Russia’s foreign minister met with Sudan’s military rulers Thursday, state media in Sudan reported, the final stop on Sergey Lavrov’s tour of Africa.
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The top Russian diplomat’s Africa trip was aimed at strengthening ties and expanding influence at a time when the West seeks to isolate Moscow with sanctions over Russia’s war on Ukraine.
Lavrov held talks with Gen. Abdel Fattah Burhan, the head of Sudan’s ruling Sovereignty Council, as well as with his deputy, Gen. Mohammed Hamdan Dagalo, who heads a powerful paramilitary known as the Rapid Support Forces.
The meetings focused on improving cooperation between the two countries, the state SUNA news agency said, without providing details.
At a news conference later, Lavrov acknowledged the presence of Russian-owned mining companies in Sudan, saying they worked “primarily in the field of developing the mineral resource base.”
“We appreciate the attention that the Sudanese leadership pays to them,” Lavrov added.
According to a recent Associate Press investigation, Wagner Group — a military contractor owned by an oligarch with close ties to Russia’s President Vladimir Putin — has a strong presence in Sudan’s far-flung provinces.
According to Sudanese officials and documents shared with the AP, the group has been given control of various Sudanese gold mines by the country’s military leaders in exchange for military and intelligence training.
The Biden administration in January expanded US sanctions against Wagner Group and related companies and individuals for their role in the war in Ukraine and mercenary activities, including human rights abuses, in Africa.
When asked about the group at the Khartoum news conference, Lavrov said private Russian companies operate in Africa at the request of African governments, including that of the Central African Republic. In that African country, Wagner fighters ride around the capital of Bangui in unmarked military vehicles, guard the country’s gold and diamond mines and have helped keep President Faustin-Archange Touadera in power.
“We have commented more than once on the activities of our private military companies operating in Africa at the direct request of the governments of the respective countries,” Lavrov said. “This also applies to the Central African Republic, and is a contribution to the normalization of the situation in the region as a whole, where terrorist gangs continue to be active.”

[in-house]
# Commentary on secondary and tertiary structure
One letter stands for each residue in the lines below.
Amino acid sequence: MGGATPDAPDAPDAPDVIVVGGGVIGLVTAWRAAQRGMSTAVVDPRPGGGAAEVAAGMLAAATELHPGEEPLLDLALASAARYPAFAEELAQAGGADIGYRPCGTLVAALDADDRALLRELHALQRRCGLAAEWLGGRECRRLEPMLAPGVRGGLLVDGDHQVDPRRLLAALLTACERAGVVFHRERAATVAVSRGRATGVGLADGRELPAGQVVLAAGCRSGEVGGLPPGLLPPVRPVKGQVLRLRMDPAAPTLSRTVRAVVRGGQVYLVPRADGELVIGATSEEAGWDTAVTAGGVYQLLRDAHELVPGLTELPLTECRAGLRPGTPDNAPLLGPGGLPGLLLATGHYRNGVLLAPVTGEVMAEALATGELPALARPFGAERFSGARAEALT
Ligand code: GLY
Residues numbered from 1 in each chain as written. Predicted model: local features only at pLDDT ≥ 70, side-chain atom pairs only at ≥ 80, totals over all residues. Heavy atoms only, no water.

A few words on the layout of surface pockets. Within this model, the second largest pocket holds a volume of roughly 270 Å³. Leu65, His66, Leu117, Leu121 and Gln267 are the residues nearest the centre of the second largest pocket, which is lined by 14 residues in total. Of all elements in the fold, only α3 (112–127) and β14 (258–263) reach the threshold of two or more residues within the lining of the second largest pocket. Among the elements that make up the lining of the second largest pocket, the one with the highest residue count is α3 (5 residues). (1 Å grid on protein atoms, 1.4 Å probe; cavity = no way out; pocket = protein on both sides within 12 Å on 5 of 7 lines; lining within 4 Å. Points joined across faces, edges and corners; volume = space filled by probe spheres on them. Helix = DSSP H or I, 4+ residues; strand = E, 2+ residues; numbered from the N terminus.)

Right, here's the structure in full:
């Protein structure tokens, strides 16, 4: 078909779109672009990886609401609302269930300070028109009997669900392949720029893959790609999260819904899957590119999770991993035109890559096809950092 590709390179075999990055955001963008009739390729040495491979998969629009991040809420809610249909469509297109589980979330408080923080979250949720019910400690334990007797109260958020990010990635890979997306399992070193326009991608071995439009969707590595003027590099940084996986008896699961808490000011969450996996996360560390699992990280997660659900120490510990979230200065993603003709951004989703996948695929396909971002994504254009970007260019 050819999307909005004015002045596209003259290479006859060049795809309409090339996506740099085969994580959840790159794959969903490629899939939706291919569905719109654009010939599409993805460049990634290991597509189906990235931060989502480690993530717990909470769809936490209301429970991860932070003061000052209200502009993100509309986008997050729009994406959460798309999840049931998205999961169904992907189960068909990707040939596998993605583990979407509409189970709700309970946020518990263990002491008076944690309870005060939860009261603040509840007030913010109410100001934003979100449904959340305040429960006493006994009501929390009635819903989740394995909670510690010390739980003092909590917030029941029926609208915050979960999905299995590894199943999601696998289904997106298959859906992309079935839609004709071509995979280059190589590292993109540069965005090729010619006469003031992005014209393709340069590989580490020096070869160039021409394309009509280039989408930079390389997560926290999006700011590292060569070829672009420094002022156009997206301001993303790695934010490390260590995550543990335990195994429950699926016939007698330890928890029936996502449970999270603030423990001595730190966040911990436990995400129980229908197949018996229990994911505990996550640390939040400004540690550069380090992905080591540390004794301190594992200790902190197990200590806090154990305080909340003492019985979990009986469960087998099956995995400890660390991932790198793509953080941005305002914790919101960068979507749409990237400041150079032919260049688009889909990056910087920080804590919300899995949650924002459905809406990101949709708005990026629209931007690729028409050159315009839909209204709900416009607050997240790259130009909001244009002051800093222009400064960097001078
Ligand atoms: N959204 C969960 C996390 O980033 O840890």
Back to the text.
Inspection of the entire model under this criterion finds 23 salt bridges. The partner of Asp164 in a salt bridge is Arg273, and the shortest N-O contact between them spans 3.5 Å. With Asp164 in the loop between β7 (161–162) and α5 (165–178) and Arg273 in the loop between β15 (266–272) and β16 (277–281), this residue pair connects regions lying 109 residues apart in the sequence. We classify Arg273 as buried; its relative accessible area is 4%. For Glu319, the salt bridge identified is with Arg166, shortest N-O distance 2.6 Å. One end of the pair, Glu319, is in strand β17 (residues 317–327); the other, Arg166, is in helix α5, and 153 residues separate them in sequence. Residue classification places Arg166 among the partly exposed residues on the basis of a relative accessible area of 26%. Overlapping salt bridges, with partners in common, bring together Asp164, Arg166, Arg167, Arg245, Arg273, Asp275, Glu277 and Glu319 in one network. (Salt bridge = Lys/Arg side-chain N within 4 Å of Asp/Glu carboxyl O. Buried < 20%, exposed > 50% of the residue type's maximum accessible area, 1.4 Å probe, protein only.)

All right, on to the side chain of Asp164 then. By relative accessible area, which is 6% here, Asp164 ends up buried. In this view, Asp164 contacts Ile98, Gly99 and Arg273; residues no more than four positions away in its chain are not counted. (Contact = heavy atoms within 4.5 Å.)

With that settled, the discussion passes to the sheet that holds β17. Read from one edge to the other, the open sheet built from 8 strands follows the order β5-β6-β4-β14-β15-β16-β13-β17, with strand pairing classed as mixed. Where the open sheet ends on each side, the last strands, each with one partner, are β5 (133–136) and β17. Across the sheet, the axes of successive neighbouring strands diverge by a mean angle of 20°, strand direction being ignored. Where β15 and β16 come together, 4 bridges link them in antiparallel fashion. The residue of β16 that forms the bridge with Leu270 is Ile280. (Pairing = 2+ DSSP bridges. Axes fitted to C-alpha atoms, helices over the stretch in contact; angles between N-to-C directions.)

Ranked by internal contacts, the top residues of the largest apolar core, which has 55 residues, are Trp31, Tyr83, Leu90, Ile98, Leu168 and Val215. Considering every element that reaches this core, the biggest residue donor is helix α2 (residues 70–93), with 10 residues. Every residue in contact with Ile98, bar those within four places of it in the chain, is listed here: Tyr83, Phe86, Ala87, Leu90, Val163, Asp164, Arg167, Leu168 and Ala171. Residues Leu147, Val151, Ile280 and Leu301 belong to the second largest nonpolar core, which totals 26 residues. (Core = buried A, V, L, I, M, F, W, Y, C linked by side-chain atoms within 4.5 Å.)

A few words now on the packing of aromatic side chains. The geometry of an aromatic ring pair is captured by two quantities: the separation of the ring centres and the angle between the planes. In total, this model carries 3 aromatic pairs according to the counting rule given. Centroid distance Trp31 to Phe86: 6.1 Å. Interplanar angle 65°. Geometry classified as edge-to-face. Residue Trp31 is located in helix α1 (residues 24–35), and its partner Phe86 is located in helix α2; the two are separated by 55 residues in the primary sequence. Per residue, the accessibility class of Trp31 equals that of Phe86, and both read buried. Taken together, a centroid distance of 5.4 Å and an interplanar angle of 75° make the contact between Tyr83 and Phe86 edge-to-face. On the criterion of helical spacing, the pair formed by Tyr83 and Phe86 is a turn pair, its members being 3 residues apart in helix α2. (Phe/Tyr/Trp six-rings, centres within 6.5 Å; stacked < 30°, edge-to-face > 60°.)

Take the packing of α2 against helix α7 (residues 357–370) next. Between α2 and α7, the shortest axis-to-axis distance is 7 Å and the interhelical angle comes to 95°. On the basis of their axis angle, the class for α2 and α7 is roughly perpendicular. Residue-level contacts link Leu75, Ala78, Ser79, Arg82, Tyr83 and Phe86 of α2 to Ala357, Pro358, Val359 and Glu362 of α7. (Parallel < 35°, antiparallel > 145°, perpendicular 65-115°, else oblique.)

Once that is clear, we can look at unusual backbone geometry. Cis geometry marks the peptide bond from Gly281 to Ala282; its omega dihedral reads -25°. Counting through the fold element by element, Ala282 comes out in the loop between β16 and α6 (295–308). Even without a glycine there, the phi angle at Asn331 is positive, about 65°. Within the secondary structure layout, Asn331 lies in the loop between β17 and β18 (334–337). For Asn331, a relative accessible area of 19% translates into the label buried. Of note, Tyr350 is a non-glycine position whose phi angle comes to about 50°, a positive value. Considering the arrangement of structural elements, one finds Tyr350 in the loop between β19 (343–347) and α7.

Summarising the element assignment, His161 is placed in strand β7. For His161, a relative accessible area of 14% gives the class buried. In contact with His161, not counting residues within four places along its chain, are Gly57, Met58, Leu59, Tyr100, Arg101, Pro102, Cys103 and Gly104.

Lavrov’s visit comes as Sudan’s military rulers are in talks with some political forces in the country to reinstate a civilian government after more than a year of military rule following the October 2021 military coup.
On Thursday, senior diplomats from the United States and other European nations concluded two days of talks with Sudanese representatives to push for a final agreement to restart a transition to democracy in Sudan, deeply embroiled in a spiraling political and economic crisis.
The coup derailed Sudan’s short-lived democratic transition that followed the removal of longtime autocratic President Omar al-Bashir in April 2019 amid a popular uprising against his Islamist-backed rule.
Lavrov arrived in the Sudanese capital, Khartoum, after visiting Mali and Mauritania in what has been his second trip to Africa this year. Central to his appeal to African nations has been casting Russia as an anti-imperialist force, tapping into resentment of Western colonialism on the continent.
Russia’s growing influence was particularly evident in January in Burkina Faso, when protesters condemning France and the Economic Community of West African States waved Russian flags on the street of the capital, Ouagadougou.
Underscoring Sudan’s volatile situation, a 15-year-old was killed Thursday after being struck in the head by a tear gas canister fired by security forces in Omdurman, near Khartoum, a medical group said.
The Sudan’s Doctors Committee said the teen was taking part in anti-government protests, which have become near-weekly events in Khartoum and other major cities since the military takeover. No further details were given.
Most demonstrations are led by more ardent factions of Sudan’s sprawling pro-democracy network that refuse to negotiate with the military leaders.
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